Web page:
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Sonia Brock early years
Sonia Brock,
daughter of Phyllis Fricker (née Brock) and William Fricker
A slightly younger version of myself than in the story, but still full of mischief

I Will Always Be A Member of the Bloody Pirates' Club

My father always wanted a boy. This was common knowledge in the family. I was the first born and the first disappointment. As soon as I was old enough to understand the problem I determined to remedy the matter by becoming a very thorough to

In the silent movies my mother watched as a girl, tomboys were endearing young women, saucy in their imitation maleness.

I possessed three important tomboy characteristics
  • Red hair
  • Freckles
  • I was skinny
I set about acquiring the necessary skill set.
  • Climbing trees
  • Scouting skills
  • A gang

A gang, you say? Yes, a gang. It was called the Bloody Pirates Club. I had been influenced by Robert Louis Stevenson and his imitators. I read Treasure Island again and again. In my own mind I *was* Jim, the boy adventurer, who travelled to the island and hung out with pirates.

Who was in the gang? Young males around my own age who lived within calling distance in the Veteran's Land Act subdivision called Sprucedale in the city of Chatham.

We had codes and secret passwords. We could signal in semaphore (I learned that in Girl Guides) and knew how to tap out S.O.S. in morse code. Most importantly, we had adventures.

The Thames River runs through Chatham. Most times it is a broad, tame muddy thing suitable for docking a yacht near the bottom of Tecumseh Park. In the Spring the tame Thames could turn into a raging torrent, clawing at its banks and, occasionally, flooding the main street. The Thames was just finishing its Spring run and was still turbulent when the Bloody Pirate's Club, out for a hike, discovered a partially sunken rowboat The boat was close enough to shore to grab, if a strong pirate, holding on to a river branch and supported by the rest of the piratical crew, could grasp it. We debated the situation. I was bound and determined to enter the boat and travel in it. The current was swift and strong. If it sunk we would not just be pirates without a boat, we would be drowned pirates.

We had to have the boat or be pirates forever land-locked. Ronnie Peters, who had more strength than brains, was gradually pulling the craft to shore. Being waterlogged it was heavy. He managed to turn it broadside to the current while trying to tug it towards us. The fierce river grabbed it like a dog a bone, pulled it out into itself where, unsupported by the muddy river bottom, the rowboat very promptly sank. I count that moment as a kind of fork or turning in my life. Had we succeeded I'd have been drowned. We returned home a very sober lot of pirates.

Our next adventure, riding the farmer's plow horse, proved equally unsuccessful. Another hike through a woodlot took us to a field where an enormous white work horse was placidly grazing. Repeated efforts to lure it near enough to a fence where we could mount the beast were thwarted by the horse's insistence on stepping away before one of us could land on its back. The highlight of that day was when Dick Blackwell (who grew up to become a math teacher) slipped on a rather fresh cow pie to the detriment of his wardrobe.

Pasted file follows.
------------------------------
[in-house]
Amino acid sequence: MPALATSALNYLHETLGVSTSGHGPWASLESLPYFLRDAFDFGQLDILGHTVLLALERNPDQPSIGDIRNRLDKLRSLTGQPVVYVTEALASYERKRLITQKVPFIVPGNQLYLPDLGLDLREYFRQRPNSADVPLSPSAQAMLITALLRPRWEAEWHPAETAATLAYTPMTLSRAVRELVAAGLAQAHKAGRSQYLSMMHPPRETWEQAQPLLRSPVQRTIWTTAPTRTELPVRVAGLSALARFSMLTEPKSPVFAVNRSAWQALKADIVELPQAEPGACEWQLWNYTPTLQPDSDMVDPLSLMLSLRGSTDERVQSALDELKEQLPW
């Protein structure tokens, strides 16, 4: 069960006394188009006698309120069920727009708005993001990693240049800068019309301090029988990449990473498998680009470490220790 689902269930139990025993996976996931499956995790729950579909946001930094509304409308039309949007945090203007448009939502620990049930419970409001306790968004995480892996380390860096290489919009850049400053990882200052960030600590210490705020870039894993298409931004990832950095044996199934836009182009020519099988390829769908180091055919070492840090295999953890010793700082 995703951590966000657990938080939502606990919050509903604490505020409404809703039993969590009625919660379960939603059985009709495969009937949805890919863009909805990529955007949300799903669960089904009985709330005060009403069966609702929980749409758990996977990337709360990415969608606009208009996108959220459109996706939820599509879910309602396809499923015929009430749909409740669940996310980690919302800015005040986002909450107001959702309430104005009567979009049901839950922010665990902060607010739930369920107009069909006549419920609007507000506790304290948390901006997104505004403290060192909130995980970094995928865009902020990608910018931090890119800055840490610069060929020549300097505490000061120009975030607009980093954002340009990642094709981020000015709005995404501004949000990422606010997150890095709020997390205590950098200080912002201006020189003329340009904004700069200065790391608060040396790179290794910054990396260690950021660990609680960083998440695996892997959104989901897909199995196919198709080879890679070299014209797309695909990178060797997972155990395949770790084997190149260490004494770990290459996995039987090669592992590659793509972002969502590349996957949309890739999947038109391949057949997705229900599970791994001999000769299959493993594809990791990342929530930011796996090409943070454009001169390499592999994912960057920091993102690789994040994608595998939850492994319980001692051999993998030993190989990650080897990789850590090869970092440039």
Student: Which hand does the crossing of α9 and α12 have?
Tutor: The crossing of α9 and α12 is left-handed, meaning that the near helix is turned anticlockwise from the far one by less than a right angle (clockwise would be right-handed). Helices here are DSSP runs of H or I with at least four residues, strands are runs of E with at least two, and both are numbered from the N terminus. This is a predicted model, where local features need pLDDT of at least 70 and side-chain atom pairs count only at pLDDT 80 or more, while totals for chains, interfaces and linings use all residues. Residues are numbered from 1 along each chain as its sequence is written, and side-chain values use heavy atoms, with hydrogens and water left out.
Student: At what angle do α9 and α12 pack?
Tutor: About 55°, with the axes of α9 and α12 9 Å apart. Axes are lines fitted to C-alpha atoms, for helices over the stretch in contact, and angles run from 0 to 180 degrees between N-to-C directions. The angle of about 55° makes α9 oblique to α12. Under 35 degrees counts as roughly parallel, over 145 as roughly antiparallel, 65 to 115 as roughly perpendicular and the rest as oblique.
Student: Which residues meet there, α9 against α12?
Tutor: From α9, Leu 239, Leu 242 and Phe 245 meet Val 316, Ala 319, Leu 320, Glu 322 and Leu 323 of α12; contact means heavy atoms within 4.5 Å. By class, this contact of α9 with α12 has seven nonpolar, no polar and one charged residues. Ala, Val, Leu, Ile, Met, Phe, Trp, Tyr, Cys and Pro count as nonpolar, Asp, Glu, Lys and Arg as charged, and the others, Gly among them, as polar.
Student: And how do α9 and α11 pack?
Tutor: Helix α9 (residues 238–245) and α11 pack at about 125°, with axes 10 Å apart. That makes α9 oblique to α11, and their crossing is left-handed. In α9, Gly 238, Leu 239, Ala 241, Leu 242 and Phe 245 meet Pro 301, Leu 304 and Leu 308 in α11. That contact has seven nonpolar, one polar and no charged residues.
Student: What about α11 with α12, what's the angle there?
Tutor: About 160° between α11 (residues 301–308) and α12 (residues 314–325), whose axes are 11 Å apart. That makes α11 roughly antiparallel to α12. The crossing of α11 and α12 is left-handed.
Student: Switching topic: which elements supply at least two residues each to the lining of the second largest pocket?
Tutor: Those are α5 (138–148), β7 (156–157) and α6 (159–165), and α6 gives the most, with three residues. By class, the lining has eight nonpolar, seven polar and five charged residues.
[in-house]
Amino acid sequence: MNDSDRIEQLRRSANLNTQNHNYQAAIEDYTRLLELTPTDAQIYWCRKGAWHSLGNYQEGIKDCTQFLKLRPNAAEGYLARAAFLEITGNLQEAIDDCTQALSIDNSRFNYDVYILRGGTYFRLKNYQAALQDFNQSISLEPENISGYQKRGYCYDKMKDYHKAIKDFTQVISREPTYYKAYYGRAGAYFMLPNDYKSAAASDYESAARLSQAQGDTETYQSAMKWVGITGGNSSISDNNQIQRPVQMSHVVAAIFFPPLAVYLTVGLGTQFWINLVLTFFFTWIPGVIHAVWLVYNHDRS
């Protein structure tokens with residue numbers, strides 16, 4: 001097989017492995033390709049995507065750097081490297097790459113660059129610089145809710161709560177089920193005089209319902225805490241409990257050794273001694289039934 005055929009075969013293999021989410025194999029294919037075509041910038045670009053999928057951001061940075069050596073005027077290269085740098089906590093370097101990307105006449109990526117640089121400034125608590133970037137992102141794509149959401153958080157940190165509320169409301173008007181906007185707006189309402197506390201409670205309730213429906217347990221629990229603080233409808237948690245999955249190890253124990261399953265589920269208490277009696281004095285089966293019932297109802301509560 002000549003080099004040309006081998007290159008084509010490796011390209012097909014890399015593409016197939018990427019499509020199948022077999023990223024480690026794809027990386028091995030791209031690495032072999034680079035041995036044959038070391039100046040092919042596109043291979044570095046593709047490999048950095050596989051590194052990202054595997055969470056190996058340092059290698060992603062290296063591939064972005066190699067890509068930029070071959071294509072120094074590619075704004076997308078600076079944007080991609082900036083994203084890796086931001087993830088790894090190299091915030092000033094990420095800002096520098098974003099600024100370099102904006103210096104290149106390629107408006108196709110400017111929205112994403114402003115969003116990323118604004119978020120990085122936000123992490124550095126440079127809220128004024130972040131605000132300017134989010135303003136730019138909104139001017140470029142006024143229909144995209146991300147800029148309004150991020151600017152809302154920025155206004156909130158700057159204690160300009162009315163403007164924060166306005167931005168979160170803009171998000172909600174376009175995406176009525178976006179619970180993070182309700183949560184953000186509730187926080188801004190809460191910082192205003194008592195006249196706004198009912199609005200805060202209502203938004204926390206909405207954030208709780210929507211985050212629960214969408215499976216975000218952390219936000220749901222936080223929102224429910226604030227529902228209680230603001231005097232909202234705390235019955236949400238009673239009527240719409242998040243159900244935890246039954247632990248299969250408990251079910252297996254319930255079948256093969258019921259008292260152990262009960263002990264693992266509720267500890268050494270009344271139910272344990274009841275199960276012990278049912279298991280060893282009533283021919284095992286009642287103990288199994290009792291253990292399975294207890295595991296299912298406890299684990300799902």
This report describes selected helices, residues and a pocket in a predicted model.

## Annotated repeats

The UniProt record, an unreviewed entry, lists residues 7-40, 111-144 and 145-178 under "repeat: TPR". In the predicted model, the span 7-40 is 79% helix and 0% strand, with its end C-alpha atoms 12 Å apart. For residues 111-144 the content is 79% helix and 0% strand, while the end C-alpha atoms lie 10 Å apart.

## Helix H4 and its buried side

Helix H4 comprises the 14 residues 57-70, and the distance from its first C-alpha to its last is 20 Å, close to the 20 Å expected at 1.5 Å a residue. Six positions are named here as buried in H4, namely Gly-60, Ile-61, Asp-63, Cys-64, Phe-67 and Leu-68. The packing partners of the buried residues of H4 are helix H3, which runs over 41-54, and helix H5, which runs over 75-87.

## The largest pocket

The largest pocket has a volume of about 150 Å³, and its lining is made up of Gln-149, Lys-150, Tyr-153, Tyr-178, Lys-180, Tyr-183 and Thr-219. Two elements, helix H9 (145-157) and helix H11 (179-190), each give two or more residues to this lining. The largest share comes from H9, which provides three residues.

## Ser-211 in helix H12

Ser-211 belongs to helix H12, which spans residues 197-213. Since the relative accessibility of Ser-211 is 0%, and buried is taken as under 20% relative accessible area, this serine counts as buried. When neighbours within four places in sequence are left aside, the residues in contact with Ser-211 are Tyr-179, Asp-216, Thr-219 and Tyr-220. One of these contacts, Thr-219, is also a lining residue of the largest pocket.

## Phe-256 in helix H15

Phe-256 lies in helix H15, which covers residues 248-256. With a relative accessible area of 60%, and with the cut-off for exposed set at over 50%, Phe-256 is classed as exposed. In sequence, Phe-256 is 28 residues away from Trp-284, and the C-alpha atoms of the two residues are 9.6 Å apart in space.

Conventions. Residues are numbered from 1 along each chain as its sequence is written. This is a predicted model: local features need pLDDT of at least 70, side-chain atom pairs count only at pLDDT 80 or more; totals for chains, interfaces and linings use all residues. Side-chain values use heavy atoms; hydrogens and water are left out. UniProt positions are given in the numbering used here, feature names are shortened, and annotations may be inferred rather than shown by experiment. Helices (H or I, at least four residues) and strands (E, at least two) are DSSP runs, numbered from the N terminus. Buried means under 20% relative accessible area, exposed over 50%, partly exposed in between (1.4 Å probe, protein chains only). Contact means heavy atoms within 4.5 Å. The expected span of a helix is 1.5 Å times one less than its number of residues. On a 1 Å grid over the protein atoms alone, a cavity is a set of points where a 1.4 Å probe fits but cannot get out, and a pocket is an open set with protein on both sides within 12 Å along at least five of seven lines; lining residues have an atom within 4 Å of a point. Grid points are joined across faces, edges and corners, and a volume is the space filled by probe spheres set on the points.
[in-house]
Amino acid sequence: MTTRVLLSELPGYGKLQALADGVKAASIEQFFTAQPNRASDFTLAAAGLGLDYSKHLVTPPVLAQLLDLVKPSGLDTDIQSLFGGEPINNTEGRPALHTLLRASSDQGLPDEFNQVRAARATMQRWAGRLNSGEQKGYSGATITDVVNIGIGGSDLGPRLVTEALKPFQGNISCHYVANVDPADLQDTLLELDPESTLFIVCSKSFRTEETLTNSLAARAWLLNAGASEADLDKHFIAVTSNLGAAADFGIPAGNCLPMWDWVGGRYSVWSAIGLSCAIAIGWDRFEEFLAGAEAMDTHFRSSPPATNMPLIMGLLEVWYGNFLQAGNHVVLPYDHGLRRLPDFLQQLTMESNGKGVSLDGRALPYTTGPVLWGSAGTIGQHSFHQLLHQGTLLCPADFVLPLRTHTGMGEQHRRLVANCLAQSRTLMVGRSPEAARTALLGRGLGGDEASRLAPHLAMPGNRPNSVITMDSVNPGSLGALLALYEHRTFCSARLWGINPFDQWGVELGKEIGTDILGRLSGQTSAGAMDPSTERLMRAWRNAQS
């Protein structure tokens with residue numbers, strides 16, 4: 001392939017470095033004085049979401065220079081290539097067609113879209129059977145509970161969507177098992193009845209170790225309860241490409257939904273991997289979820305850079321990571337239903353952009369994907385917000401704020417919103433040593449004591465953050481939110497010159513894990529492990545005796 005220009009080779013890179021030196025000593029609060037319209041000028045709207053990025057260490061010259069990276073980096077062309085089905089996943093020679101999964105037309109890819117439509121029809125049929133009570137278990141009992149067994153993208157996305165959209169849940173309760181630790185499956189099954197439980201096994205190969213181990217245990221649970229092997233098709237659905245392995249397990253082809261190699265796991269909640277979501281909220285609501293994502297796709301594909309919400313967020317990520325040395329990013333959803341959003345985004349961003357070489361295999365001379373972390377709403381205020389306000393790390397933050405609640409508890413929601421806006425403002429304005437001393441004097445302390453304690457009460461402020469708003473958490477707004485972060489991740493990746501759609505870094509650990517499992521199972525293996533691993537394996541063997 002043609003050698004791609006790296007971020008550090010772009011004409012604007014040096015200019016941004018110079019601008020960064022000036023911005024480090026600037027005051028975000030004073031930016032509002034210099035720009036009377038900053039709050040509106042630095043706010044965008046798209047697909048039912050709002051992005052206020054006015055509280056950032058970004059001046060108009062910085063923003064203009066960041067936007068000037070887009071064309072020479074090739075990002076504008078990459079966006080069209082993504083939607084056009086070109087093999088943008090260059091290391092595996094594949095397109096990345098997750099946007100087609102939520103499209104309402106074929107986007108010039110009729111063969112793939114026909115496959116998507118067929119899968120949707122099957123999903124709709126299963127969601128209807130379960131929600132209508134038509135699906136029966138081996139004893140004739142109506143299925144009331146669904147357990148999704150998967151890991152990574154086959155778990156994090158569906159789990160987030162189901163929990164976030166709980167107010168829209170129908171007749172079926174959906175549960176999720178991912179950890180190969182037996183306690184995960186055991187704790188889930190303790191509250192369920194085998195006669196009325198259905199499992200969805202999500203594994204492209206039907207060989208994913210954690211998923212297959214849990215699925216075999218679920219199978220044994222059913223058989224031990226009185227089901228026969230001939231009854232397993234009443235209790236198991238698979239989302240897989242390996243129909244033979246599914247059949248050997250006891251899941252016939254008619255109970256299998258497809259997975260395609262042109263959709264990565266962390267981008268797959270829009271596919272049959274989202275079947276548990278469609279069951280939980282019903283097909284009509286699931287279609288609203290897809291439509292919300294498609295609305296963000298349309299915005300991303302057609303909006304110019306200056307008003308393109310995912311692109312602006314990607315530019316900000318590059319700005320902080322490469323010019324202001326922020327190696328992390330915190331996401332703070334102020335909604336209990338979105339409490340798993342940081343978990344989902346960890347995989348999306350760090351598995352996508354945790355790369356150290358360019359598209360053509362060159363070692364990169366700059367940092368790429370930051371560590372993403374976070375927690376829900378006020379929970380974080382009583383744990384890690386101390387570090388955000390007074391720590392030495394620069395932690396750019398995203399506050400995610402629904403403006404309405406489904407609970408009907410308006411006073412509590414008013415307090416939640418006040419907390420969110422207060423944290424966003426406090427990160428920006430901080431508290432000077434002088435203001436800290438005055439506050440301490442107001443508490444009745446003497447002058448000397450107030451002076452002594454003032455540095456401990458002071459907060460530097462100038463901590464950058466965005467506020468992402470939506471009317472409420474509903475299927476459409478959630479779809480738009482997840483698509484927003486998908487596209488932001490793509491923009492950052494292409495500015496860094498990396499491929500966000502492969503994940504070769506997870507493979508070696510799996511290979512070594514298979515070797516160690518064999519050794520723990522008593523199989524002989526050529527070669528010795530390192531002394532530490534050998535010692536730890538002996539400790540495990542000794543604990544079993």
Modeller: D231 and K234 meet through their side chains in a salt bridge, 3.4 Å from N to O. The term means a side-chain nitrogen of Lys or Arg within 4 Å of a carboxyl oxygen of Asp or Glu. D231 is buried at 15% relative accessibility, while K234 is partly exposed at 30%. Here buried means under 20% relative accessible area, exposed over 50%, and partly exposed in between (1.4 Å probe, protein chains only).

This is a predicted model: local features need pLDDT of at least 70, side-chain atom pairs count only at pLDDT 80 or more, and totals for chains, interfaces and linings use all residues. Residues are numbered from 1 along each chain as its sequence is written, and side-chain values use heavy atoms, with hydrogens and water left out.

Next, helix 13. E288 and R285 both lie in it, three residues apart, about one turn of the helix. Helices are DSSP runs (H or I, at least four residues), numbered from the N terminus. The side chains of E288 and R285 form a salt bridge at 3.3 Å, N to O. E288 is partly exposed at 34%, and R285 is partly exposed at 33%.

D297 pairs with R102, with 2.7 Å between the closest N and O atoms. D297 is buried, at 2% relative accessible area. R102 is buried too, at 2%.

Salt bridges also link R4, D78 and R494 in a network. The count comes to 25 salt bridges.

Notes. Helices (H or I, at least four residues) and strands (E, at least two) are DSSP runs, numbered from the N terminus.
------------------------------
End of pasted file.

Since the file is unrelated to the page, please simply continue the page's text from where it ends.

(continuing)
The last adventure of the Bloody Pirate's Club that I will tell you about was the tale of the partially cooked chicken. We were in another woodlot that backed up on a farmyard. A large hen had managed to work her way through the fence in search of better bugs. Bad move, Mrs. Hen, for the Bloody Pirate's Club has found you out. Intent on a chicken dinner we captured Mrs. Hen, holding her beak closed to stop the cackle. Not an easy thing to do with a large hen. We were faced with the terrible fact that, if you wanted to eat a chicken, you first had to kill it. I was the creative genius of the group and all eyes turned to me.

I had a habit of catching garter snakes and whirling them about my head to make them dizzy enough for me to examine them at my leisure. The hen had a long skinny neck and a round heavy body. Combining these facts with my knowledge of the physics of snake stunning I proceeded to whirl the unfortunate hen about my head while holding on to its neck. The hen died dramatically.

Next problem was cooking it. We had matches, we had dry wood. None of us wanted to pluck or clean the hen. We set her on the fire as she was, a kind of burnt offering. After a very tentative taste of the most cooked part we buried the evidence.

The title of this speech is "I Will Always Be a Member of the Bloody Pirate's Club". My mother, who had a wicked sense of humour teased me about my gang and unwisely, I told her ""I Will Always Be a Member of the Bloody Pirate's Club"

"Would you sign a piece of paper with that promise?," she asked. I told her I would sign it in blood but she said that wouldn't be necessary. Ink would do. I signed. She kept this piece of paper and as I advanced in years she would bring it out and ask if it still applied.

I always answered, with some embarrassment, that
"I Will Always Be a Member of the Bloody Pirate's Club"

Bloody Pirate's Club"

(C) Sonia Brock 1990